SEC Releases Final Rules Regarding Clawback Policies for Public Issuers

Gregory T. Grogan, Jamin R. Koslowe, and Karen Hsu Kelley are partners at Simpson Thacher & Bartlett LLP. This post is based on a Simpson Thacher memorandum by Mr. Grogan, Mr. Koslowe, Ms. Kelley, Partners Jeannine McSweeney, Charles Mathes and David E. Rubinsky. Related research from the Program on Corporate Governance includes Rationalizing the Dodd-Frank Clawback (discussed on the Forum here) by Jesse Fried.

This Alert summarizes new Rule 10D-1 under the Securities Exchange Act of 1934 (the “Exchange Act”) as adopted and released by the Securities and Exchange Commission (the “SEC”) on October 26, 2022, requiring the recovery of erroneously awarded incentive-based compensation in the event that an issuer is required to prepare an accounting restatement.


In 2010, the Dodd-Frank Wall Street Reform and Consumer Protection Act (the “Dodd-Frank Act”) added Section 10D to the Exchange Act, requiring the SEC to direct the national securities exchanges to establish listing standards that require issuers to develop and implement a clawback policy. The clawback policy must provide that, in the event an issuer is required to prepare an accounting restatement, the issuer will recover incentivebased compensation erroneously paid to its current or former executive officers based on any misstated financial reporting measure. The policy must apply to incentive compensation received during the three-year period preceding the date the issuer is required to prepare the accounting restatement.

In July 2015, the SEC proposed rules to implement Section 10D which we summarized in an earlier client memorandum. Following several comment periods, the SEC has now adopted the final rules, which largely track the previously proposed rules.

Effective Date of Final Rules

The final rules will become effective 60 days following publication of the adopting release in the Federal Register.[1] Exchanges will be required to file proposed listing standards no later than 90 days following publication of the release in the Federal Register, and the listing standards must be effective no later than one year following publication. Issuers subject to the listing standards will then be required to adopt a corresponding clawback policy no later than 60 days following the date on which the applicable listing standards become effective, and will thereafter be required to comply with related disclosure requirements.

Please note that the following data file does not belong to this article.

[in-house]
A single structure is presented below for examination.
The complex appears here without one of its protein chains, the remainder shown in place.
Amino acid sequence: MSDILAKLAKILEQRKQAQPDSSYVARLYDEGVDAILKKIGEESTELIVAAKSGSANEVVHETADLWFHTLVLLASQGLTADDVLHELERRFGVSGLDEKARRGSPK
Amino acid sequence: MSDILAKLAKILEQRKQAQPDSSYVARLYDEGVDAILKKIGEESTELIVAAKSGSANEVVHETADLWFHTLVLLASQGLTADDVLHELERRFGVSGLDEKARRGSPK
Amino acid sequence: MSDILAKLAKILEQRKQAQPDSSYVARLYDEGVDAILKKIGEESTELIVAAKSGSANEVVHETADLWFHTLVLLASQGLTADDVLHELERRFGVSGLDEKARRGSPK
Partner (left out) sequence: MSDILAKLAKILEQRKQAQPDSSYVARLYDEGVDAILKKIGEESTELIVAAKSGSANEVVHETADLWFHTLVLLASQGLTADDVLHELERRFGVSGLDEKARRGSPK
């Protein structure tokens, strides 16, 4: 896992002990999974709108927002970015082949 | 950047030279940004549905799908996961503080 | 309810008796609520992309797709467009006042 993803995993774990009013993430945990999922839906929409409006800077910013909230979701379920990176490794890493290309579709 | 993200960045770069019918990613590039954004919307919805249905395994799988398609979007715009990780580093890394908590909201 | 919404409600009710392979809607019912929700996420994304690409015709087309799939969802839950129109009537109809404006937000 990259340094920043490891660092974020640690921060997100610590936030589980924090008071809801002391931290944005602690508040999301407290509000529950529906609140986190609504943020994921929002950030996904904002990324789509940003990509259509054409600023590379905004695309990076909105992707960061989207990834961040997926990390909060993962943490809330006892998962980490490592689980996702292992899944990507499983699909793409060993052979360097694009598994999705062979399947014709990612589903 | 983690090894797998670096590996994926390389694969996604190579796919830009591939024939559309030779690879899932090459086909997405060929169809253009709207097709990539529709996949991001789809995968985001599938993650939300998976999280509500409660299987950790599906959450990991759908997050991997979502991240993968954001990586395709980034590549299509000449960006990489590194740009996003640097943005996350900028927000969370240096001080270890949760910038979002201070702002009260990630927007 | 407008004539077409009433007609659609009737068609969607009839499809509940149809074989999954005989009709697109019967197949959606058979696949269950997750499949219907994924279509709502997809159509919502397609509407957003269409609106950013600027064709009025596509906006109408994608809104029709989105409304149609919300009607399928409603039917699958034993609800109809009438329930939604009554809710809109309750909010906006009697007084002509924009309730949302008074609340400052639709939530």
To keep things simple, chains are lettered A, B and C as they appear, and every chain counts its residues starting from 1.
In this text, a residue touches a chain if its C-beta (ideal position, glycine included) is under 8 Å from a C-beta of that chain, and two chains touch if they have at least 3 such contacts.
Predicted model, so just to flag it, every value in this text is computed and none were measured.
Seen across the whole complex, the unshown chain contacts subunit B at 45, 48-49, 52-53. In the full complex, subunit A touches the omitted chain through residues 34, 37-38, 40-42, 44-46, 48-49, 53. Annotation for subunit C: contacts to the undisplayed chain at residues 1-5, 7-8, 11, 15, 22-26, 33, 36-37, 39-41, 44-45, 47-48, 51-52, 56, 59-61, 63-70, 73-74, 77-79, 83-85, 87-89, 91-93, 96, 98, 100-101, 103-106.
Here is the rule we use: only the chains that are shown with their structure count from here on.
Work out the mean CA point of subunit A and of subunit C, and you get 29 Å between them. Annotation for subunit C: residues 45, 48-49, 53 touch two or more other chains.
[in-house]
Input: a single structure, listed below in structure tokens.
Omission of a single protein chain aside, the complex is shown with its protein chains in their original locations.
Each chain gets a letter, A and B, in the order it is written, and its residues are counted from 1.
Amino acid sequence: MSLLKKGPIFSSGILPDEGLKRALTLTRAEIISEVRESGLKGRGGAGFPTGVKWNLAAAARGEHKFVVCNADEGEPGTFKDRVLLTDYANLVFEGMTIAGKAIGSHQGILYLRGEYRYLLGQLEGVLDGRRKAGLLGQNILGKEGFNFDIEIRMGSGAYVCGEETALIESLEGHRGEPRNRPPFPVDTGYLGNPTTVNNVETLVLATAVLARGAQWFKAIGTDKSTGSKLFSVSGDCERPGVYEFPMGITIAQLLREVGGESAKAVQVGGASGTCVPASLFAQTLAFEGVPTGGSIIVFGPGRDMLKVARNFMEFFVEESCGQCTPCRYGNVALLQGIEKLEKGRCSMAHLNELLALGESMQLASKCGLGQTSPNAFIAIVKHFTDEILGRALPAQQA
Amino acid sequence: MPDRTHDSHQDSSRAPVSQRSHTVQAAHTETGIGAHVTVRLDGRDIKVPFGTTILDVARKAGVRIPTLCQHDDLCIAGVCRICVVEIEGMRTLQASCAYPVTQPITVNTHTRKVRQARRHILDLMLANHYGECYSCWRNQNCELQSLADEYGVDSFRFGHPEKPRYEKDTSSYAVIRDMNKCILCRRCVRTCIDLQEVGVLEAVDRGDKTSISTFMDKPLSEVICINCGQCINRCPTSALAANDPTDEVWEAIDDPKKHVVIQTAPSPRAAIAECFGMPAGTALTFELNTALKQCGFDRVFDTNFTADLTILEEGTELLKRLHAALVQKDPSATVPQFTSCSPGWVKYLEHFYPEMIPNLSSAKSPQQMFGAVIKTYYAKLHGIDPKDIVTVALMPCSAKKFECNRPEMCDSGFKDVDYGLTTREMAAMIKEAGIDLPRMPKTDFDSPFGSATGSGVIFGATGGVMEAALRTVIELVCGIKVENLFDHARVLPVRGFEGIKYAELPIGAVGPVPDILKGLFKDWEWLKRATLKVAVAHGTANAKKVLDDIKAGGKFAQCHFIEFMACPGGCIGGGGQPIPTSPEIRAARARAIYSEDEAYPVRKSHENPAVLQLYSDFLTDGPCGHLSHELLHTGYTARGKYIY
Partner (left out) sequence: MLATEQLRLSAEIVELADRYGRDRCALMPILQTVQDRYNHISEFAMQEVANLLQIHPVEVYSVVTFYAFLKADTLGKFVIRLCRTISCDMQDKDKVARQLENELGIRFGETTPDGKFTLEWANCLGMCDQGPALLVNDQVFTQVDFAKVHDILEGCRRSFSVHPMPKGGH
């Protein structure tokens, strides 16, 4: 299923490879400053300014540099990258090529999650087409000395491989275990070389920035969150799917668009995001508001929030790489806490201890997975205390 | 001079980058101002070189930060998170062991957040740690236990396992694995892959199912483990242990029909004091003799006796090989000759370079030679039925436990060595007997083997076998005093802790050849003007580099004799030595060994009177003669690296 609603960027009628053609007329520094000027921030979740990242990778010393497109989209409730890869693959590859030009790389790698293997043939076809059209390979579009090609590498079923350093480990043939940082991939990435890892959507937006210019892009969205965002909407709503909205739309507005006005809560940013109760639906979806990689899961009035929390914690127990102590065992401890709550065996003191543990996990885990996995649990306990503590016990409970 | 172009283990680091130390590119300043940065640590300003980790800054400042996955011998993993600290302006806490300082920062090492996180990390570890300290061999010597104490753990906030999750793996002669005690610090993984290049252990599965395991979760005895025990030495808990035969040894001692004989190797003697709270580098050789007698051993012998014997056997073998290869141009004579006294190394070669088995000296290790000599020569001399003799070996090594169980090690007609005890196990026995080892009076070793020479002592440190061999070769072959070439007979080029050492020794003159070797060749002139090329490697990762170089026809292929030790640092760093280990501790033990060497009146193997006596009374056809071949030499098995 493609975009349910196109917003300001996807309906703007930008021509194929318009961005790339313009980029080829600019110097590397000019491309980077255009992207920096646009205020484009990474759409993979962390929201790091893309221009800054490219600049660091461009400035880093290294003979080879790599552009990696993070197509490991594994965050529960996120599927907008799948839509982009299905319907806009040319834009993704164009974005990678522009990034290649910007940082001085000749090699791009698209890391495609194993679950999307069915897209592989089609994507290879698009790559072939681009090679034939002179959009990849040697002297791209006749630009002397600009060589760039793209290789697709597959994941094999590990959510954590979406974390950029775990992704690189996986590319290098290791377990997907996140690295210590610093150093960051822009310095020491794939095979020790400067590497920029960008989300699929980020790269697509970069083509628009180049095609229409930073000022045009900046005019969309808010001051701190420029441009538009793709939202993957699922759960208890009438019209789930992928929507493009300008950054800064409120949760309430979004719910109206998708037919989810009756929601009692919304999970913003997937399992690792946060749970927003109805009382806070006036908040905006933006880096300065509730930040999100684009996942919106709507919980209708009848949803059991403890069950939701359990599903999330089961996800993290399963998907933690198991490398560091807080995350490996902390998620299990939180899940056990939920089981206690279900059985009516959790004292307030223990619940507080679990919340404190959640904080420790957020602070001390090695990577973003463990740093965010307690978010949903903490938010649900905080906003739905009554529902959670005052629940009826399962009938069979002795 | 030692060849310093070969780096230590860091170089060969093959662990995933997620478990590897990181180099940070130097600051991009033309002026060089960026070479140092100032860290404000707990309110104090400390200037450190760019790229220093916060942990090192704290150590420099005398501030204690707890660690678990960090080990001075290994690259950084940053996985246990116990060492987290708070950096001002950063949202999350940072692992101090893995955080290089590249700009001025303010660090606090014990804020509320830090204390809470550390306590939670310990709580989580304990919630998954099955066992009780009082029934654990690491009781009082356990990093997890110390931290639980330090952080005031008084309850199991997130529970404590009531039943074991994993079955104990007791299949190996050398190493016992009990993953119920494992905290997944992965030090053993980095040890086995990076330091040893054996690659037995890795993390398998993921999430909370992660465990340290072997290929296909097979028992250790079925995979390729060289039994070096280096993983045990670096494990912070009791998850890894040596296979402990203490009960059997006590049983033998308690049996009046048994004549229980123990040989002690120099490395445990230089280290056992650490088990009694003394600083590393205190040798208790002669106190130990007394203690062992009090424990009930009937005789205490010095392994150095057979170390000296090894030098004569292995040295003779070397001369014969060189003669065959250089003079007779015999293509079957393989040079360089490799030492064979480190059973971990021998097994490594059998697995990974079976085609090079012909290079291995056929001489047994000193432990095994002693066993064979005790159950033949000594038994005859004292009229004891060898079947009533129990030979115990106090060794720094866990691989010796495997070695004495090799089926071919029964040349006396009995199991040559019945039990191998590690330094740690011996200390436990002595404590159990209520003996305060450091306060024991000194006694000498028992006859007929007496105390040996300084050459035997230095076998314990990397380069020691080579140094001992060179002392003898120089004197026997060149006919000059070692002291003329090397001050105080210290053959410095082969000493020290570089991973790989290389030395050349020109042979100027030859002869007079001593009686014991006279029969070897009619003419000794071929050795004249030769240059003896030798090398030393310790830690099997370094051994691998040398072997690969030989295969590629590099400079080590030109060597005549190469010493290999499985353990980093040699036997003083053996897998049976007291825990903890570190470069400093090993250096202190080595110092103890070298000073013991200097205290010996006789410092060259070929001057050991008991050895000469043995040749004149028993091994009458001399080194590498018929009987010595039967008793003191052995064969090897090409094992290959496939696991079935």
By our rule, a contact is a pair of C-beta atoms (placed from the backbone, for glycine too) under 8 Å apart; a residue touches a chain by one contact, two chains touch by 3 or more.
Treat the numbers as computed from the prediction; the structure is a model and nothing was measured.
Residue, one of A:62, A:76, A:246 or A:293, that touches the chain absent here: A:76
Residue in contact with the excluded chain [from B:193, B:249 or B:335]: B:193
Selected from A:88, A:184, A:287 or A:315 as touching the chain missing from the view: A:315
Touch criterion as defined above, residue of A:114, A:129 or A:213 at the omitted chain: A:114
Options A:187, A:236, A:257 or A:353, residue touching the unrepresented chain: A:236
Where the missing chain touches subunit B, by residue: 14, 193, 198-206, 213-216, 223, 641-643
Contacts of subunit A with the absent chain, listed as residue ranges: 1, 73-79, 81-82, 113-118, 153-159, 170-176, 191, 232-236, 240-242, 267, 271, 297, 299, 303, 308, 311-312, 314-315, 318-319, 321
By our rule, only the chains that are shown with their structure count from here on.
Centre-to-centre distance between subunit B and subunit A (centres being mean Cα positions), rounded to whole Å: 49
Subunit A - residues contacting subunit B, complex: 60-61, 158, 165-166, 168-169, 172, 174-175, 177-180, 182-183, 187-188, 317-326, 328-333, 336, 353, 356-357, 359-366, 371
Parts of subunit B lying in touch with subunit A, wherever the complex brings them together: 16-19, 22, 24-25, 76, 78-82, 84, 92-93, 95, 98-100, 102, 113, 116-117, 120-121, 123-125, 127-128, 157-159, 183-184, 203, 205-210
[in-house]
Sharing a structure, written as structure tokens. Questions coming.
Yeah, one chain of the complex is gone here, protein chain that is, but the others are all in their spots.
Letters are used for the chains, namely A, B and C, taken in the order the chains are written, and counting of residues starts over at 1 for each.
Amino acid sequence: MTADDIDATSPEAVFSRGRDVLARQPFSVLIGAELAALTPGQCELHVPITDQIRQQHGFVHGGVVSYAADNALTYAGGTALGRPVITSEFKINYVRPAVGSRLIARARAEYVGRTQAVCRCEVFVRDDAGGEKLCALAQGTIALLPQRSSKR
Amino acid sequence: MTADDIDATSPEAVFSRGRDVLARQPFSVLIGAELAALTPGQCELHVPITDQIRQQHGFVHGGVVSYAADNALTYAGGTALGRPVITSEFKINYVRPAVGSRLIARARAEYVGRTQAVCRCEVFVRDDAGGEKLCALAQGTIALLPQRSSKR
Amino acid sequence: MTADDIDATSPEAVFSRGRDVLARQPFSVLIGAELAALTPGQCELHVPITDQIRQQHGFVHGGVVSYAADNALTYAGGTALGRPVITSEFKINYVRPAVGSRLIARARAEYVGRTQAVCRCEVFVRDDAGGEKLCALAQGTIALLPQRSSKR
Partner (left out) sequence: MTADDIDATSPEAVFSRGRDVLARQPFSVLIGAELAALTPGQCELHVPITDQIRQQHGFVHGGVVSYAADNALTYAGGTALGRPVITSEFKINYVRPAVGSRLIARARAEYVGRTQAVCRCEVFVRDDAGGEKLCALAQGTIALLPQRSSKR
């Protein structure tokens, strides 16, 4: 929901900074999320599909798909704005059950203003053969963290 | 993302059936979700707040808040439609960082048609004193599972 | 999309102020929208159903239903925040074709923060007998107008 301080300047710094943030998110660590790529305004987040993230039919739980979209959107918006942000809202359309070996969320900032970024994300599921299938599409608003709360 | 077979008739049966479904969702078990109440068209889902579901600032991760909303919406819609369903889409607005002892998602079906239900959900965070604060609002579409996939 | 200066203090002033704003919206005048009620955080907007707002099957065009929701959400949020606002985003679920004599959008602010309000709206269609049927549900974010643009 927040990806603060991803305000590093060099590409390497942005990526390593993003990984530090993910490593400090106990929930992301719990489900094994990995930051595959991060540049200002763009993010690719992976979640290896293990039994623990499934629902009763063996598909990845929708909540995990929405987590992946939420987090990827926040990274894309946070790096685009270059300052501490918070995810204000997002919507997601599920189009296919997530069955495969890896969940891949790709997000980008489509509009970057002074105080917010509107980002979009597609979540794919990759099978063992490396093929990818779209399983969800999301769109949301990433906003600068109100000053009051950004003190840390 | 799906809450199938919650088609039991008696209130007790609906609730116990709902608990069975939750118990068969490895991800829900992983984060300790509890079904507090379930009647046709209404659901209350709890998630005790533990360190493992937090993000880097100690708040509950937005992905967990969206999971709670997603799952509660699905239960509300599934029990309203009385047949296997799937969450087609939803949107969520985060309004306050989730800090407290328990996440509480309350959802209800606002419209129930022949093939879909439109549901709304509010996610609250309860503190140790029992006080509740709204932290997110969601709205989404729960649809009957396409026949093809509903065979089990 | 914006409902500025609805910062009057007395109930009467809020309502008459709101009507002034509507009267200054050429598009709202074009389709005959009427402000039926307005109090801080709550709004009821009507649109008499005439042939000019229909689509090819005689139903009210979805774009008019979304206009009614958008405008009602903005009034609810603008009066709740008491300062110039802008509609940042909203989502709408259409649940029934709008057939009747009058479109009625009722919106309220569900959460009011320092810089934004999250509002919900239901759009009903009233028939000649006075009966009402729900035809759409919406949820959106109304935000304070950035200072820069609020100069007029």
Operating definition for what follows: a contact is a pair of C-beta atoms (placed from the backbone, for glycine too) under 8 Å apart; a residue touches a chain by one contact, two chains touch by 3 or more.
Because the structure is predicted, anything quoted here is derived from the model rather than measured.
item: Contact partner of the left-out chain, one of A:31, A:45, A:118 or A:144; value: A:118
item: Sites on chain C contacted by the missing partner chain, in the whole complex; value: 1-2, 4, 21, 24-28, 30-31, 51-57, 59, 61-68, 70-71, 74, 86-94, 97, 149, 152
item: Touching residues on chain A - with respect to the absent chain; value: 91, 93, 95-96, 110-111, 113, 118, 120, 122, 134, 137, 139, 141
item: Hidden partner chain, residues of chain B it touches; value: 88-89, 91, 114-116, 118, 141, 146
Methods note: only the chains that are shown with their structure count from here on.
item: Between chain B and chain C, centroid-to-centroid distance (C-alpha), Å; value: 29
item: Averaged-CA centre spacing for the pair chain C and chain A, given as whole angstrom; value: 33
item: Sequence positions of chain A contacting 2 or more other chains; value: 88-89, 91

Issuers Subject to the Final Rules

As under the proposed rules, final Rule 10D-1 generally applies to all listed issuers, including smaller reporting companies, emerging growth companies, foreign private issuers, controlled companies and issuers of debt and non-equity securities. The SEC apparently was unpersuaded by numerous commenters who questioned the utility and feasibility of applying the rules to foreign private issuers and certain other classes of issuers. The only exempted issuers under the final rules are issuers of security futures products, standardized options, unit investment trust securities and certain registered investment company securities.

Clawback Trigger and Covered Period

An issuer’s clawback policy must require recovery of incentive compensation erroneously paid during the three completed fiscal years immediately preceding the date on which the issuer is required to prepare an accounting restatement to correct an error that is material to previously issued financial statements. The final rules clarify that triggering restatements may include both (1) restatements that correct errors that are material to previously issued financial statements (commonly referred to as “Big R” restatements) and (2) restatements that correct errors that are not material to previously issued financial statements, but would result in a material misstatement if (a) the errors were left uncorrected in the current report or (b) the error correction was recognized in the current period (commonly referred to as “little r” restatements).

Although the Dodd-Frank Act did not require the SEC to mandate clawbacks in the context of “little r” restatements, the SEC previously expressed concern that excluding “little r” restatements from the scope of the rules might encourage opportunistic behavior by companies when choosing between a “Big R” and “little r” restatement. This requirement extends well beyond the reach of clawback policies currently adopted by most public companies and, when combined with other features of the rules, will likely lead to a significant increase in the number of required clawbacks.

As under the proposed rules, the final rules provide that the “date on which the issuer is required to prepare an accounting restatement” (which, in turn, triggers the three-year lookback for recoverable incentive compensation) will be deemed to be the earlier of:

  • The date the issuer’s board of directors (or committee thereof) or the officer or officers of the issuer authorized to take such action if board action is not required, concludes, or reasonably should have concluded, that the issuer is required to prepare an accounting restatement due to the material noncompliance of the issuer with any financial reporting requirement under the securities laws; or